I was in a hotel conference room working with nearly a dozen top executives from a variety of companies. We were discussing the various behaviours, attributes and communication strategies that leaders can purposefully deploy to better motivate and engage their employees.
One of the participants looked up for a moment from his workbook and remarked, almost casually: "I don't feel like a leader."
After the workshop, I called over to Clarke Facades, a company that has steadily grown from a plaster and flooring business when Michael Clarke founded it in the 1980s, to an innovative engineering organisation now headed by eldest son Eugene - the very same person who mentioned he did not feel like a leader. I asked to talk to him.
Eugene graciously agreed to share his thoughts, which I hope will also resonate with you. Although he's been in the top position at Clarke Facades for five years, this married father of three young children had not fully transferred the mantle of leader on to himself, because he was still picturing an old style of leadership in his mind.
What was the old-style leader?
"I suppose there's a leader avatar," Eugene said to me, "of a person with loads of grey hair and loads of charisma who is authoritarian and likes to hear themselves speak. I think of old World War Two leaders or Napoleon. When I compare myself to that, well, I'm relatively young, I'm not a social animal, I'm quite reserved. I am relatively humble, and I don't rule with an iron fist."
Does that sound like you? I wonder what you see when you close your eyes and imagine a leader. There are as many different definitions as there are different human examples. To me, a leader is an influencer. I don't mean someone with a zillion followers on Instagram. But someone whose words and actions can positively - or negatively - impact upon a person or group of people.
You don't become a leader when you have a multitude of people under you. You are a leader simply when you are conscious that you do influence people and take ownership of how you influence.
Therefore, each of us has the capacity to become a leader. From the way we influence our colleagues, to our children, to ourselves.
The question becomes one of what type of influencer or leader are we? Are we the old 'command-and-control' style that Eugene was picturing? Or are we something new?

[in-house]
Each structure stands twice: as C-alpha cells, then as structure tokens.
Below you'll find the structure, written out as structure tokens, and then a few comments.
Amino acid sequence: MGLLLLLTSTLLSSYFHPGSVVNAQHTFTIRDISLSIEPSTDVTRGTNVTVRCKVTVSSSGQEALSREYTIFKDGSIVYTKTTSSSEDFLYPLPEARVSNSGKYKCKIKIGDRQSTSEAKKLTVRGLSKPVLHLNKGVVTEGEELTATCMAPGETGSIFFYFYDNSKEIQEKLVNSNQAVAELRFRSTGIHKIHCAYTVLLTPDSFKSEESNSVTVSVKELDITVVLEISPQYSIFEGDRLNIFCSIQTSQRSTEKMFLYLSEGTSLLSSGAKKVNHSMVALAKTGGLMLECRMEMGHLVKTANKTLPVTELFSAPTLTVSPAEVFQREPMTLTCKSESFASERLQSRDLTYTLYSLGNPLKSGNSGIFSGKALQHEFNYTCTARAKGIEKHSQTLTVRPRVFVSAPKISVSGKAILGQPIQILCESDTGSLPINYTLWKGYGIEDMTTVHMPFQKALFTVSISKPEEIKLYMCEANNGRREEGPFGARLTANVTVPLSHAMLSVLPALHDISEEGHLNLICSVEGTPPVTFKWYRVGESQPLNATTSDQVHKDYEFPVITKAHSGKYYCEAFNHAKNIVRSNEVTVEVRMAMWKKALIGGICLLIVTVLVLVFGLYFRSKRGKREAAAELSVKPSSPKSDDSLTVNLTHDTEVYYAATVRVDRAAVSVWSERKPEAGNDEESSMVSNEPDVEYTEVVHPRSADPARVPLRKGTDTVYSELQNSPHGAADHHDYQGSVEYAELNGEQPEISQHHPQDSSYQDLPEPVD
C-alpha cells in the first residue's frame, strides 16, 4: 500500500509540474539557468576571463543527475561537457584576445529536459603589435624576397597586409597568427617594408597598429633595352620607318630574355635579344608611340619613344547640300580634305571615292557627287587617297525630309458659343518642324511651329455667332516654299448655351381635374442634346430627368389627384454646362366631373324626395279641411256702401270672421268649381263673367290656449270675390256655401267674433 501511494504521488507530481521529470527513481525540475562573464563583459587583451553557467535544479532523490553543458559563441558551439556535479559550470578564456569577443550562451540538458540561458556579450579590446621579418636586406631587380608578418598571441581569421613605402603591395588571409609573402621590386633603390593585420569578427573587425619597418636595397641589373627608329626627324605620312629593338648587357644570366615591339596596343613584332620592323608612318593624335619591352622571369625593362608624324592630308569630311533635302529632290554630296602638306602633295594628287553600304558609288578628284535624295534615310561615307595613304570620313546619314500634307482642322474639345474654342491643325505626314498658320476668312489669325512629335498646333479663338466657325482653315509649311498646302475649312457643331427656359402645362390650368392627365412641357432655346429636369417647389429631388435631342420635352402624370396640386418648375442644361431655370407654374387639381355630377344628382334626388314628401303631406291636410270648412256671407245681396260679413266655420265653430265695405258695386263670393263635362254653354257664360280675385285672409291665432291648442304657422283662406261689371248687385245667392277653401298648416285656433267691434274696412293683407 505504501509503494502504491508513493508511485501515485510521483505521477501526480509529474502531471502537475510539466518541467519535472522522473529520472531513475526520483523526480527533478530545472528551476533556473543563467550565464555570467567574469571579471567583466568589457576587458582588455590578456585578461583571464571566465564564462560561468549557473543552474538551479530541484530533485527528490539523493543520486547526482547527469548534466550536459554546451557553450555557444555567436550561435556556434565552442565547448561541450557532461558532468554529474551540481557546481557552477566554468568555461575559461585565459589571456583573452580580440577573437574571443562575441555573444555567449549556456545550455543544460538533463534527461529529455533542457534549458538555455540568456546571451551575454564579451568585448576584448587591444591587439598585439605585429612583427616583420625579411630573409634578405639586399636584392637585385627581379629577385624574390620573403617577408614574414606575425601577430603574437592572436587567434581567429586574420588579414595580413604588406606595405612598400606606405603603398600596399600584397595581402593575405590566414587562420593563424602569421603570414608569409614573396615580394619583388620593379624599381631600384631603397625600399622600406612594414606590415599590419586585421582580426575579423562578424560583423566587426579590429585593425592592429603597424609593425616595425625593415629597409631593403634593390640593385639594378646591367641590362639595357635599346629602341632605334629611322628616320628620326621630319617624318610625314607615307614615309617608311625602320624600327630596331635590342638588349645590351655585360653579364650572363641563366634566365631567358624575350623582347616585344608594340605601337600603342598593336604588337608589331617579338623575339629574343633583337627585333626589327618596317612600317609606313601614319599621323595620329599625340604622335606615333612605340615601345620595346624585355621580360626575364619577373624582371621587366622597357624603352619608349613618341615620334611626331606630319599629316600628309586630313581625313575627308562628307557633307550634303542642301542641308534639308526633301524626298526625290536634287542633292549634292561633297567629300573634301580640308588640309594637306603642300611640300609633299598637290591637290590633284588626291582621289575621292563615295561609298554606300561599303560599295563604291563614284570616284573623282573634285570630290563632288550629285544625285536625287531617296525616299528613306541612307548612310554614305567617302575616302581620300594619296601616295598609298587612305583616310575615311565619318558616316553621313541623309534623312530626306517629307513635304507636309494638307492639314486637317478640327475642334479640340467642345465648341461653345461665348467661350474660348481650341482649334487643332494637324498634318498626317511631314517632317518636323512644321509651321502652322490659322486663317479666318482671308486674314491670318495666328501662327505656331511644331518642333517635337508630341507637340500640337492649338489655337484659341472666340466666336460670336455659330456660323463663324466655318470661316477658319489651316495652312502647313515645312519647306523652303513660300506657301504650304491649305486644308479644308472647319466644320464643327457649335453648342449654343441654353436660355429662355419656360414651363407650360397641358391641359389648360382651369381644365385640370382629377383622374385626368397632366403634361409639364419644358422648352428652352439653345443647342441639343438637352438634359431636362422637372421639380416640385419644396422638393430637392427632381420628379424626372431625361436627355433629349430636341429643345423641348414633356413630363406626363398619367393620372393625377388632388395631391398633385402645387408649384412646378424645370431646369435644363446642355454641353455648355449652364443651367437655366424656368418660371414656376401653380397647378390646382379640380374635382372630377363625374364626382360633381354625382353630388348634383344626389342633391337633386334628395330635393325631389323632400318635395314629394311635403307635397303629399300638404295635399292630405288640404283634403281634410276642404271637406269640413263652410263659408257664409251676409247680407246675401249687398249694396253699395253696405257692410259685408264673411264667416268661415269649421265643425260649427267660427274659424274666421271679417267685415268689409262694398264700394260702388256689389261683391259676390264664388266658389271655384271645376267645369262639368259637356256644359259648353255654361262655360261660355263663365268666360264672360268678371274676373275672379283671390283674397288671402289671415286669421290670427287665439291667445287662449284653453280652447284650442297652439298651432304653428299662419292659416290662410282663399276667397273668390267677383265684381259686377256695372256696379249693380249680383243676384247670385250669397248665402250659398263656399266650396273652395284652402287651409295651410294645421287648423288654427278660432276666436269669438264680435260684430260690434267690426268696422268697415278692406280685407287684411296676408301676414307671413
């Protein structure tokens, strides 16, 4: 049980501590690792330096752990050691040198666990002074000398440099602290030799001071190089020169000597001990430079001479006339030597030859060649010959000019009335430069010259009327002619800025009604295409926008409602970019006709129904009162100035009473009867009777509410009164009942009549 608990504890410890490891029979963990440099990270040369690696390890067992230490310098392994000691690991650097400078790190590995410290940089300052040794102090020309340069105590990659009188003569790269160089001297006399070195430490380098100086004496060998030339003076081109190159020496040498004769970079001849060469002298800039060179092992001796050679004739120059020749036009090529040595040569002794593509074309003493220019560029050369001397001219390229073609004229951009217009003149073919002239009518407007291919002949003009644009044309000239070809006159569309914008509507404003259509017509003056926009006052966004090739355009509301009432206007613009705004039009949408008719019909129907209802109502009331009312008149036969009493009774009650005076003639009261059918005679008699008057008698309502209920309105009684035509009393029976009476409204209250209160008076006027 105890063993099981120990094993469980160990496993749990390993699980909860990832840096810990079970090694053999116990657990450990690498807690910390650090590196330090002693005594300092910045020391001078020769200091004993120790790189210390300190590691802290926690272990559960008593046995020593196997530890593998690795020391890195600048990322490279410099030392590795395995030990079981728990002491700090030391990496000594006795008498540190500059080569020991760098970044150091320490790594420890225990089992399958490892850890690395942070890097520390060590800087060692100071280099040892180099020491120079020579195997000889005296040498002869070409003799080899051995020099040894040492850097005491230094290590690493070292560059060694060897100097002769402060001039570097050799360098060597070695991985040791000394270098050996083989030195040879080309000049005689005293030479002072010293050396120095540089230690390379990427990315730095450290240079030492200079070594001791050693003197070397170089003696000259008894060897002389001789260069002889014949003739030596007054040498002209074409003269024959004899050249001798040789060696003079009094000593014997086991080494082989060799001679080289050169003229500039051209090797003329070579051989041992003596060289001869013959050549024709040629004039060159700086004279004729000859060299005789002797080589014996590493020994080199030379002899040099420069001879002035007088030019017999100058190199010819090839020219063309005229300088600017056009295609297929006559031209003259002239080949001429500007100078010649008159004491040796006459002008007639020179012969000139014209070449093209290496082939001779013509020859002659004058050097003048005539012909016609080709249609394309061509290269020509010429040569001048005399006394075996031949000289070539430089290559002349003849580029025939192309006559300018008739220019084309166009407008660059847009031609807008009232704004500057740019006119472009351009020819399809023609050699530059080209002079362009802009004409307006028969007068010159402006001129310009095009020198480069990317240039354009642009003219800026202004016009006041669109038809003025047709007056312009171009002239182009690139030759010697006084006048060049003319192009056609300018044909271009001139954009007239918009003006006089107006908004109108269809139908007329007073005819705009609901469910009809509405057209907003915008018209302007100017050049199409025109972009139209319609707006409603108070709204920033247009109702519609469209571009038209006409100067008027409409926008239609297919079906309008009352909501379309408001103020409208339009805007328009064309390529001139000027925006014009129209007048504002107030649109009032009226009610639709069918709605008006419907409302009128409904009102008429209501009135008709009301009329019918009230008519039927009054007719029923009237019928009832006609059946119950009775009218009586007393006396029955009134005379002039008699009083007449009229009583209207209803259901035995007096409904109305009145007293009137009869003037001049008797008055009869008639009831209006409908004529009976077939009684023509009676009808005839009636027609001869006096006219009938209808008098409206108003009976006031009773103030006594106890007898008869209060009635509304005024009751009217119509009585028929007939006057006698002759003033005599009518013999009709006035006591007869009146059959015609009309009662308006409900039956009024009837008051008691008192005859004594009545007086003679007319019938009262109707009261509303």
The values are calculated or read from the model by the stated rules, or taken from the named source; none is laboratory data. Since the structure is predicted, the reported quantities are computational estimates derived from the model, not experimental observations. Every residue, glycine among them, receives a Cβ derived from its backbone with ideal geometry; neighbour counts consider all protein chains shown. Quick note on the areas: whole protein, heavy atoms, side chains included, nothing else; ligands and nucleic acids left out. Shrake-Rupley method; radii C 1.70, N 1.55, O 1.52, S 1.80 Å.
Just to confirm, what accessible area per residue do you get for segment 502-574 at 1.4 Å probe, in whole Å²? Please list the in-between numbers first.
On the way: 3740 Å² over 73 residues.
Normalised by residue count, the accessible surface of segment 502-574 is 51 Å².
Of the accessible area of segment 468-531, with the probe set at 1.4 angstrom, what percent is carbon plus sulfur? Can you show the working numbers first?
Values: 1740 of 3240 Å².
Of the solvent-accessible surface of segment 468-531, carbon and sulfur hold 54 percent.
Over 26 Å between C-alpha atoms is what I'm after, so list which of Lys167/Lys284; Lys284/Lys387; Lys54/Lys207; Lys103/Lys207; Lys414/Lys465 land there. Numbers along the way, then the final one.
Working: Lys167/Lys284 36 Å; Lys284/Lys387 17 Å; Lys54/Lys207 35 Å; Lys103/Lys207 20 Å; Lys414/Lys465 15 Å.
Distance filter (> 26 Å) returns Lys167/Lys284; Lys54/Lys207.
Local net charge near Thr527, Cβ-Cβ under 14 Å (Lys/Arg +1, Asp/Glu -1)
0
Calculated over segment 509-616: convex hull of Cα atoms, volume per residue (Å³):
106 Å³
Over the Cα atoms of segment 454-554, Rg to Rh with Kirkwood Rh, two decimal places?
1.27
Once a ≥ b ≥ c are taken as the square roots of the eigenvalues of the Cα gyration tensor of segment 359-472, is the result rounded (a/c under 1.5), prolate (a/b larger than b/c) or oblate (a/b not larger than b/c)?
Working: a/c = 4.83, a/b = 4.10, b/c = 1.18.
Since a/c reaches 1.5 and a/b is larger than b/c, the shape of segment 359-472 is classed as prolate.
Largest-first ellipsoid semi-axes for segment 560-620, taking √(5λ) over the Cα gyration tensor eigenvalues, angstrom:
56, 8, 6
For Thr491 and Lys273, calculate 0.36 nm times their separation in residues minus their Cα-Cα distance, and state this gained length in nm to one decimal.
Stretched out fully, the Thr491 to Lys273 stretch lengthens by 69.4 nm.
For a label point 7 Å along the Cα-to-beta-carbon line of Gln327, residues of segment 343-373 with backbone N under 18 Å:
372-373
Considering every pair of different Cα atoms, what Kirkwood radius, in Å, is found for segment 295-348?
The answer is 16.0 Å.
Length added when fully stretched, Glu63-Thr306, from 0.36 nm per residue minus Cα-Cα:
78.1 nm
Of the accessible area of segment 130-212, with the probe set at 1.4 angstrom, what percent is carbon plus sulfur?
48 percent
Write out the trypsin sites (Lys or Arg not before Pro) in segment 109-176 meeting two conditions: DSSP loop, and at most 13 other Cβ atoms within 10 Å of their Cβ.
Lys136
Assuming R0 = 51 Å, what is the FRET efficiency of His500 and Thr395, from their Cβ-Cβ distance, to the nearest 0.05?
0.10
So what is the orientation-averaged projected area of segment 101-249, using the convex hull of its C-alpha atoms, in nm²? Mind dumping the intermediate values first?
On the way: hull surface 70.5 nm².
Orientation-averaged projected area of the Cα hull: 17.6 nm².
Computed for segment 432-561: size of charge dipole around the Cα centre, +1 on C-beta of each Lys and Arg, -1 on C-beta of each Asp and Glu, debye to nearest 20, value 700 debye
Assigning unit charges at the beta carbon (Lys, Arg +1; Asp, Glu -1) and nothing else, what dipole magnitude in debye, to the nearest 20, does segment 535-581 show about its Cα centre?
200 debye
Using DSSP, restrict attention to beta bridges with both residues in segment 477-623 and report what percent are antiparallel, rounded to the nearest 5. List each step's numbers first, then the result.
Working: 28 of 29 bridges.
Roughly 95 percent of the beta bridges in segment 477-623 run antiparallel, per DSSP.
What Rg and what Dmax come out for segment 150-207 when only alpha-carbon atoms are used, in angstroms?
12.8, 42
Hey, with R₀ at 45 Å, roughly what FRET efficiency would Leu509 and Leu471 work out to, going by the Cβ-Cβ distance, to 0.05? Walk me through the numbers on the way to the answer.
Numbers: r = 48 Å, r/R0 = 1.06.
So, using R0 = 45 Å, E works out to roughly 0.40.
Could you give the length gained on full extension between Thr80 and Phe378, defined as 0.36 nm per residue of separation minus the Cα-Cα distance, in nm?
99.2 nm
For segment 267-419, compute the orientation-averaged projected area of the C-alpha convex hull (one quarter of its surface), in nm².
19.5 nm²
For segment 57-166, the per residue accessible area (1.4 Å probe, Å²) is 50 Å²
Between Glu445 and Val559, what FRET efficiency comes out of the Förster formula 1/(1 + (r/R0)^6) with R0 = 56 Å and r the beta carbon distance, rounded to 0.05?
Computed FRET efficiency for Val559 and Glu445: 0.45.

What are the traits of a new-style, positive leader?
"I think my style of leadership," Eugene considered aloud with me, "stems from a deeper sense of purpose. For instance, we use our family name on our business and that's because it means something. It stands for our integrity and it's why I come to work every day."
What is your sense of purpose? Does your name mean something to you? Why do you get out of bed in the morning? Asking these kinds of questions can help you determine what you stand for as a leader.
For Eugene, actively demonstrating discipline every day is important to him as a leader. He said: "On Saturdays, for instance, I might want to kick back, but you know there's a piece of work that needs to be done, so I turn the TV off.
"It's doing the right thing when no one is looking."
Eugene and I agree self-discipline needs to conquer our self-indulgence. We may feel like watching TV and think that will make us happy, but in the long run, self-control and getting the job done will provide more fulfilment.
"Next on my list," Eugene reported, "would be gratitude. I praise twice and criticise once. If I actively praise my seven-year-old, she will jump up and down and if I give out to her, she looks all down-hearted. So, I try to catch my employees 'doing it right', which encourages them to do it more."
"I suppose the other big leadership quality personal for me would be grit," Eugene said. "This is the ability to sort out troubles and difficulties, even if it's really painful or you're not feeling it.
"Don't leave it. It will create more hassle. Don't kick the can down the road."
4. Appearance and Punctuality
Eugene capped his list with these two important traits. Arriving on time shows you value the other person, as does taking pride in your appearance.
"I once met one of my competitors and he was so badly dressed it gave a bad impression. But he was a competitor, so I was glad," Eugene joked.
All joking aside, John Maxwell, whom Inc magazine lists as the top leadership and management expert in the world, has described a leader as someone "who knows the way, goes the way and shows the way".
Eugene, therefore, is clearly a modern-day leader. So too can you be.
NEXT WEEK ON THE COMMUNICATOR:
Whether we have a 'sales executive' title or not, each of us is always selling something.
I'll talk to a couple of top salespeople to discover strategies you can apply in any situation.
With corporate clients on five continents, Gina London is a premier communications strategy, structure and delivery expert. She is also a media analyst, author, speaker and former CNN anchor. @TheGinaLondon
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